In preparation for a presentation yesterday, I was thinking about what precisely we mean when we say something (a technology, an idea) is disruptive; and what happens to disruptive technologies a little downstream. Wikipedia can tell you all about Christensen; none of that here.
Let me illustrate instead by example. In the mid 1990s, the Internet and its killer app, email, crept out of academia (and the military). We had AOL and Compuserve, and a few others.
Corporations didn’t adopt email. But a lot of individuals did, and began to short-cut the conventional channels of (snail) mail and telephone. They imported their personal accounts into the workplace; procured and paid for a modem; and did their own thing. For business benefit. I was one of them. And no-one knew how much hardware was bought, or subscriptions covered, on corporate expenses to facilitate this new way of doing business.
But one thing a lot of managers did get was scared. Scared of viruses. Scared of damage to internal networks and resources. Scared of leakage of intellectual property. Scared of reputational risk. When I wrote a case for corporate websites, internet access and email, I had to tackle those issues. One thing I didn’t need to address, though, was probably the most important disruption that email brought. People started to communicate across their own personal networks. It compromised the old command-and-control lines of management.
Well. At the time, I had just ceased being a Part Time Tutor for the Open University. Note the job title; it’s important. In those days, everything was paper based, including marking. You were sent a mark script, which you followed – quite rightly, because with large numbers of assignments being marked consistency was vital. But occasionally I’d disagree, academically, with something in the script and I’d write in. Invariably I’d get a courteous response; but in essence it would just say “Don’t argue; the real academics at the centre know best”.
Then I was recruited onto a course that provided students and tutors with online conferencing (and a host of other stuff) at the beginning of the revolution in home-based online learning. We had private conferences where the central academics and the (still “Part Time”) tutors could and did discuss course issues. So that became where comments about the mark scheme, or anything else went. All of a sudden, a comment might generate a small handful of support, from other tutors. And the central team (who’d been farsighted enough to set up this one single conference for all the staff members) would react positively, often accept the comment, and offer a work-round – or a reasoned argument why in practice it couldn’t be changed for now.
It became a total change. It drew us, as part time staff, much more fully into the academic environment; we were contributing not just to the teaching but to the development of the materials and future courses. And when I came back to the OU a couple of years ago I found that I am now an Associate Lecturer on a salary, not a Part Timer paid piece-rate. The OU was always a good employer and develops its staff and their skills. But now we are accepted as academics equally with the full time staff, and share much more fully. The change of name is more than just symbolic.
That was a disruptive change, to be sure. Because the OU is an open organisation, it accepted the disruption and achieved great benefit from it. Twenty years downstream, that disruptive change has shaped the new normality, for the better.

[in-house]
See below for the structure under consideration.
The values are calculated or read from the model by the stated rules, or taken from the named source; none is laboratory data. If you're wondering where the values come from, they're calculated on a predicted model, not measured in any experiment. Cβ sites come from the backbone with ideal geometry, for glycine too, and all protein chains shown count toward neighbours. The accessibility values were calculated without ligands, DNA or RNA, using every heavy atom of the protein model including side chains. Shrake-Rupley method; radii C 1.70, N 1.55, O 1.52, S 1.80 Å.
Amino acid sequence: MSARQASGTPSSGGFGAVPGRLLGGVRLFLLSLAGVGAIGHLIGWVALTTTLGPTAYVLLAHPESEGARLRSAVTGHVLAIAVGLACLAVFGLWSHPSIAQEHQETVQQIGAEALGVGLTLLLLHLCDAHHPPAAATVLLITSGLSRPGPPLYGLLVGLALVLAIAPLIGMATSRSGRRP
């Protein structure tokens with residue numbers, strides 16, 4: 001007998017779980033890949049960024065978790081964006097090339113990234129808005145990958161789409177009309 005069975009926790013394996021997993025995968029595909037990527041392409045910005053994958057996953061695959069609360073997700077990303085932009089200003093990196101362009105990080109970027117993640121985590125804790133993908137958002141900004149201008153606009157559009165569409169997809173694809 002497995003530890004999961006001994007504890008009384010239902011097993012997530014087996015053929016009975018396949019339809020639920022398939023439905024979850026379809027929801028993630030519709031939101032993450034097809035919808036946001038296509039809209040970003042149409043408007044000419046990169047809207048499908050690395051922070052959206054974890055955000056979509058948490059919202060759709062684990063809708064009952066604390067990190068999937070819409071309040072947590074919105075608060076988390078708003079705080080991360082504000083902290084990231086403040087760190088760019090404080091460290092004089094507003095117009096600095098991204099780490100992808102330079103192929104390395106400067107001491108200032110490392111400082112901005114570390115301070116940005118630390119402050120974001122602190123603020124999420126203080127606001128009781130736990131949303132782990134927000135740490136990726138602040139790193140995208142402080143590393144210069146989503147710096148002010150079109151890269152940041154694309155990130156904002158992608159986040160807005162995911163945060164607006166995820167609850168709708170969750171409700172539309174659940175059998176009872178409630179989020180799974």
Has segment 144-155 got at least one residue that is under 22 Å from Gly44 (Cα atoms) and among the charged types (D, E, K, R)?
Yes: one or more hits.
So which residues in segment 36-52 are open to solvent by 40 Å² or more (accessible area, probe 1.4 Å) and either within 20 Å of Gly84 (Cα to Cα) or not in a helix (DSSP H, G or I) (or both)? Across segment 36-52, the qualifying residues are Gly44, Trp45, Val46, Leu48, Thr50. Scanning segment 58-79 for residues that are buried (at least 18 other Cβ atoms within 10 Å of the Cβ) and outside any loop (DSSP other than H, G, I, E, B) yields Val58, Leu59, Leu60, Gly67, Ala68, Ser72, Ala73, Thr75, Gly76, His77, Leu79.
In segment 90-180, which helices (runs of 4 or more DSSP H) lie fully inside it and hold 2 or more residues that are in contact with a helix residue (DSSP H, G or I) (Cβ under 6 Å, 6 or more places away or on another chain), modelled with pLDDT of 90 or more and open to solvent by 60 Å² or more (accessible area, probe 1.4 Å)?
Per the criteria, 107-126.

In the IT space, especially the corporate IT space, there’s a perception that the existing delivery model is being disrupted. And it is: I’ll explore that another time. But what happens to disruptive innovations (Christensen’s phrase) as they evolve?
In short: the change may be permanenent and creates a new normality as in the OU: or think what Ryanair did to travel and the south of France; aeroplanes weren’t new technology.
Or the disruptive new idea may become niche, important in its space but not in the mainstream (some of these, though, may be biding their time, like electric cars). Or it doesn’t fulfil its hyped potential and simply disappears. For your own thoughts: examples please of the latter two …
It’s fairly easy to see that social media – Twitter, Facebook and the rest – are still disruptive, by one simple test: IT Security are still scared of them! And like email, the risks are real. But the benefits will drive us to manage them, not least because today’s business is disaggregated and networking is the way we work these days. What’s not to adopt from a set of tools that match the way we do business?
But Cloud is a different matter. In the beginning the model was highly disruptive: business executives could do things, pay with their corporate credit card, and escape the long-drawn-out procurement, installation and verification cycles. And this Cloud is still there, finding its niche in testing, proof-of-concept, rescuing overwhelmed servers and so on. But “as a Service” stuff like, particularly, messaging have been tamed. Buyers are discussing service level agreements, compensation clauses, long term contracts and business risk. It’s outsourcing, with a few twists. It’s gone mainstream:
“Forrester believes that cloud computing is a sustainable, long-term IT paradigm, and the successor to previous mainframe, client/server, and network computing eras.” The Evolution Of Cloud Computing Markets, Forrester Research, Jul 2010
Cloud is no longer disruptive. It’s been tamed.
Do you agree?
Links: none, but I might add one or two. Watch this space!